Wednesday, February 6, 2013

Around The Nation

School Board Considers Banning All Non-Academic Clubs After ACLU Threatens Suit
TAVARES, FL -- The Lake County School Board is considering only allowing academic clubs on middle and high school grounds that would keep a local Gay-Straight Alliance student group from forming at the district's Carver Middle School located in Leesburg.  
School board members discussed the possible changes Monday during a workshop after the American Civil Liberties Union sent a letter that supported 14-year-old Bayli Silberstein, who wanted to form a Gay-Straight Alliance student club at Carver. According to the ACLU, Silberestein wanted to form a "The Gay and Straight Alliance" club to combat bullying against LGBT students. Silberstein's application-which detailed instances of children being shoved or called names because of their sexuality- had been denied last school year but she had re-applied to form the group this past October. 
Board members said that they now want to limit extra-curricular student groups in secondary schools. According to reports from local media outlets WFTV and The Orlando Sentinel, the new rules would affect all other clubs to include bowling and junior beta, which is a community service club. Year book and student council clubs could also be cut.
The ACLU, citing the federal Equal Access Act, says school districts cannot pick and choose which clubs to allow based on what they think students should or should not discuss. If a school allows any student group to meet that doesn't have a mission directly related to school academics, then it cannot deny other students groups the same access, the ACLU says.
Lake County School Officials said if they decide to get rid of all nonacademic clubs, they can still exist, but there wouldn’t be any fliers or announcements on school property. Those clubs also wouldn’t be listed on the district website. But school officials said the clubs would still be allowed to meet, just not on school property.
During the Monday session, School Board Chairperson Kyleen Fischer spoke in favor of banning the extra-curricular clubs in secondary schools. Fischer said the district should focus on education and that "social engineering" is not the job of the School Board. "It is not our job to socially mentor students, but to educate them," she said.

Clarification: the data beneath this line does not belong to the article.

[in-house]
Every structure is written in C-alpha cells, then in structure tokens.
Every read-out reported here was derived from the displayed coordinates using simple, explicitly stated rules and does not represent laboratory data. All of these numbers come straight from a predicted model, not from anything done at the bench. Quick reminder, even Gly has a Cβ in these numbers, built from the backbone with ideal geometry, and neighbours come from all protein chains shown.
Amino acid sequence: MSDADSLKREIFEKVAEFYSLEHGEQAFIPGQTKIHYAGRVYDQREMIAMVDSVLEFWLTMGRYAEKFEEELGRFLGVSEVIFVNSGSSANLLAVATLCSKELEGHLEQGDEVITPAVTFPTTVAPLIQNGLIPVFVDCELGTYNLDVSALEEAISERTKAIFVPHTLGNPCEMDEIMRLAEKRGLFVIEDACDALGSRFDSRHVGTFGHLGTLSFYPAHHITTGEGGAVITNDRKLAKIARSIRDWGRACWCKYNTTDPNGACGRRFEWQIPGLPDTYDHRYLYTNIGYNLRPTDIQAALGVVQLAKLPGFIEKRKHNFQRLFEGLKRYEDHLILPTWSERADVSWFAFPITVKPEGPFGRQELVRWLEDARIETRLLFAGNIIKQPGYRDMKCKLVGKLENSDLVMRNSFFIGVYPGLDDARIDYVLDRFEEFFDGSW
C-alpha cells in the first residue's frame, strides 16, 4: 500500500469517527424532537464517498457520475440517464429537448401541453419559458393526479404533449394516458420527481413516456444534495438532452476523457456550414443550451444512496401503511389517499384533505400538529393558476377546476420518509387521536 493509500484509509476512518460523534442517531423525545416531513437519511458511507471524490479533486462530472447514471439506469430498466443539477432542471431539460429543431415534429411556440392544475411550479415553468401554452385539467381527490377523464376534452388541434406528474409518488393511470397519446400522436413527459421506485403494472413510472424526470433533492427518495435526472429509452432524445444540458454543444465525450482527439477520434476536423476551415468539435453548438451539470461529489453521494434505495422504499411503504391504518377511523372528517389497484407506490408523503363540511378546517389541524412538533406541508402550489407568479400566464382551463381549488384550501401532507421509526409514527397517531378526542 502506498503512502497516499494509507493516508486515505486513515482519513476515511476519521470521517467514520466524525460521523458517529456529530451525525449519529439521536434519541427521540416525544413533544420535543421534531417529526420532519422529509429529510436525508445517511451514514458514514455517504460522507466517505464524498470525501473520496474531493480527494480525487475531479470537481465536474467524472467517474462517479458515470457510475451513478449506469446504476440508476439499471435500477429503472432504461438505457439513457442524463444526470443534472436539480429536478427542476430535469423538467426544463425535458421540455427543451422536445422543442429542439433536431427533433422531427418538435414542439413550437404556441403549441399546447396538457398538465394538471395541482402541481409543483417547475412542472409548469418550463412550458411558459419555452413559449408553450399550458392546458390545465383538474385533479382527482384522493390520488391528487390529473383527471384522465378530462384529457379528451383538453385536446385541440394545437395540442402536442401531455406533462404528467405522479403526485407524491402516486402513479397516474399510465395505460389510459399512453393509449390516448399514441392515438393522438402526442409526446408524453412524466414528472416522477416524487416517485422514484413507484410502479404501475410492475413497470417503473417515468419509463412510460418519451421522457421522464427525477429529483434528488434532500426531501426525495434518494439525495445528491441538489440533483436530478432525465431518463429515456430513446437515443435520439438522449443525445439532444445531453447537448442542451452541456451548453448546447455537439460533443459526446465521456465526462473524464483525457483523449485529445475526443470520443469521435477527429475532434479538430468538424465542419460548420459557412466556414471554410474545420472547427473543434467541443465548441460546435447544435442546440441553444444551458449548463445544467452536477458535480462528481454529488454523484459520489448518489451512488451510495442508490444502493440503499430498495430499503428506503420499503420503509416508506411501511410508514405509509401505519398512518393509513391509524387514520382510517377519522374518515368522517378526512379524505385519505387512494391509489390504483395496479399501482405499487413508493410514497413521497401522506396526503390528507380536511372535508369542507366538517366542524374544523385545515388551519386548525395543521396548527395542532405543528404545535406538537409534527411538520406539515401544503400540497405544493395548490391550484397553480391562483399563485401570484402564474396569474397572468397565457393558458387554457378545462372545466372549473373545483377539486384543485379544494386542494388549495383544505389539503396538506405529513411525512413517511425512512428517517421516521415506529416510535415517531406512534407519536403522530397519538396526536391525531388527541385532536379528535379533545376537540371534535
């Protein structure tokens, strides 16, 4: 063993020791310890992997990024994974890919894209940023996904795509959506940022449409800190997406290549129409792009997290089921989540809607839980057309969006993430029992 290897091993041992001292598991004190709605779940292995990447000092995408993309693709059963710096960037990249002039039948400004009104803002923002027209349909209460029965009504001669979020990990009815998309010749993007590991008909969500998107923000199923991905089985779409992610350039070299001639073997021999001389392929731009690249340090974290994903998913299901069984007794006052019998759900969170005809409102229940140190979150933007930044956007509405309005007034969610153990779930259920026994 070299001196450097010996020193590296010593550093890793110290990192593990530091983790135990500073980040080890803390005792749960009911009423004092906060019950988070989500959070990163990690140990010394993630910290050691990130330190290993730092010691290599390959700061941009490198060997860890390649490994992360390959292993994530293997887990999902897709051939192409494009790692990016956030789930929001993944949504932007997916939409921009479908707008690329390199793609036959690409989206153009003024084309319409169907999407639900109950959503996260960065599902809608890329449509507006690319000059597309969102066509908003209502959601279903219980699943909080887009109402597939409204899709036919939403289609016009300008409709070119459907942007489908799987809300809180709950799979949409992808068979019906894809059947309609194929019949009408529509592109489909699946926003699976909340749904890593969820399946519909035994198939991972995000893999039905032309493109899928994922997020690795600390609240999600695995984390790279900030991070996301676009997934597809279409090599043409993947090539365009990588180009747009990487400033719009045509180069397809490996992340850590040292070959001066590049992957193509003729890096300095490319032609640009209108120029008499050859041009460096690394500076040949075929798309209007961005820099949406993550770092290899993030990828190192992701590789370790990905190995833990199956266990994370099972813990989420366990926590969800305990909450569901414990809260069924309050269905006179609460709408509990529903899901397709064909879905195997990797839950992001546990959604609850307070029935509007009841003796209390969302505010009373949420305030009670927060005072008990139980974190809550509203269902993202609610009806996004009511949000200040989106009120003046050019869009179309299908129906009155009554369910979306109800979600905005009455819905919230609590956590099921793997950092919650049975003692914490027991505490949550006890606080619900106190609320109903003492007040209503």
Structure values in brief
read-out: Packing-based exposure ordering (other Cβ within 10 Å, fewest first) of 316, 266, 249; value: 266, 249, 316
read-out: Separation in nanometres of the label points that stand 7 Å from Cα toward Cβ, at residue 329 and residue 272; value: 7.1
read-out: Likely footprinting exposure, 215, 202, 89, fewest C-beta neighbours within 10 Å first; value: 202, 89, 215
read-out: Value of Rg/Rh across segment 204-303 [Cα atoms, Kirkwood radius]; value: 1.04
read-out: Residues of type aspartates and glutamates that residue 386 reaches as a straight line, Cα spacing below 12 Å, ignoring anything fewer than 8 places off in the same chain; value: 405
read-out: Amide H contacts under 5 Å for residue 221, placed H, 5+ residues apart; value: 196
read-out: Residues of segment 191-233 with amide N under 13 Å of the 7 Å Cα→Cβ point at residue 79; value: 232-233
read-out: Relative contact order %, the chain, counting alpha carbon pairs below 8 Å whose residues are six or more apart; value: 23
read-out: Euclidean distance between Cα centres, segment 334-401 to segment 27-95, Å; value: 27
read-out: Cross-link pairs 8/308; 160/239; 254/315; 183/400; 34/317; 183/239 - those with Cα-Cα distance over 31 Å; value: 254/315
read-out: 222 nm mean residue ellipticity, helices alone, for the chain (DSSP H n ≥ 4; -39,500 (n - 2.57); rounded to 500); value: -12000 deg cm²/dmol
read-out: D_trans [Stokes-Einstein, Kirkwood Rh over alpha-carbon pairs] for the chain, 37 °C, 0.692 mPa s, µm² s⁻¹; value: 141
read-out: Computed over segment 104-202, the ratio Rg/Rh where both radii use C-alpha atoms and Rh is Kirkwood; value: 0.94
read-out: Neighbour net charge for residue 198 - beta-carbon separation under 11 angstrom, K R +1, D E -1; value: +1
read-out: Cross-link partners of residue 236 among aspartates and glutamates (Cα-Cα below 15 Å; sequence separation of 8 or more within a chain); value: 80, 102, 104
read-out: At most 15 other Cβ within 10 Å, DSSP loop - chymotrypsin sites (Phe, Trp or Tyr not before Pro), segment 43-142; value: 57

Parents told a reporter for WFTV they don't think getting rid of any clubs is a good idea.
“Everybody gets hurt if they don't allow an organization, because they’re afraid of it,” said parent Betsy Harrington.
Lambda Legal Urges Federal Appeals Court To Uphold Law Banning "Ex-Gay" Therapy For Minors
SAN FRANCISCO, CA --Lambda Legal, representing 12 regional and national organizations working with LGBT youth, filed a friend-of-the-court brief with the Ninth Circuit Court of Appeals Wednesday urging the court to uphold the California law known as SB 1172, that prohibits state-licensed mental health providers from using dangerous efforts to change sexual orientation - sometimes referred to as "ex-gay therapy" - with minors.
"The organizations we represent in this brief have experienced, observed, and cared for LGBTQ youth suffering the harms of sexual orientation change efforts (SOCE)," Lambda Legal Deputy Legal Director Hayley Gorenberg said adding;
"From community centers to therapists' organizations to crisis hotlines, they have witnessed first-hand the casualties of baseless promises in the guise of 'therapy' to change sexual orientation and gender identity. SB 1172 protects children and families from the trauma of this so-called 'ex-gay therapy' and the trail of fractured lives and ruptured families left in its wake."
Two separate lawsuits were filed challenging the law: Pickup v. Brown and Welch v. Brown, and the judges in these two cases issued conflicting rulings.
In Pickup, the U.S. District Court judge refused to delay enforcement of the law, while in Welch a different U.S. District Court judge granted the plaintiffs' motion seeking a delay in implementation. The plaintiffs appealed the Pickup ruling to the Ninth Circuit of Appeals, as did the defendants - California Gov. Jerry Brown and other state officials - in the Welch case. It is expected the appeals in both cases will be combined.
Medical mental health professionals have found that efforts to change a young person's sexual orientation pose critical health risks, including depression, shame, decreased self-esteem, social withdrawal, substance abuse, self-harm and suicide. For minors, who are often subjected to these practices at the insistence of parents who don't know or don't believe that the efforts are harmful, the risks of long-term mental and physical health consequences are particularly severe. In addition, when these efforts "fail," many LGBTQ children are kicked out of their homes.
"I had great parents, but lost my relationship with them because they thought there was a cure that I could pursue that I was stubbornly refusing to accept," states one of the individuals subjected to SOCE as a youth who is quoted in the brief. 
"I still battle depression and anxiety, and I think it really stems back to that. I don't think that bogus pseudoscience should be available, because it gives people who want to believe a different reality is possible the ability to force [SOCE]. It allows parents who are wishing for a different scenario to damage their children. They could actually move forward and develop a strong bond with their kids, and that time is lost."
Read the brief here.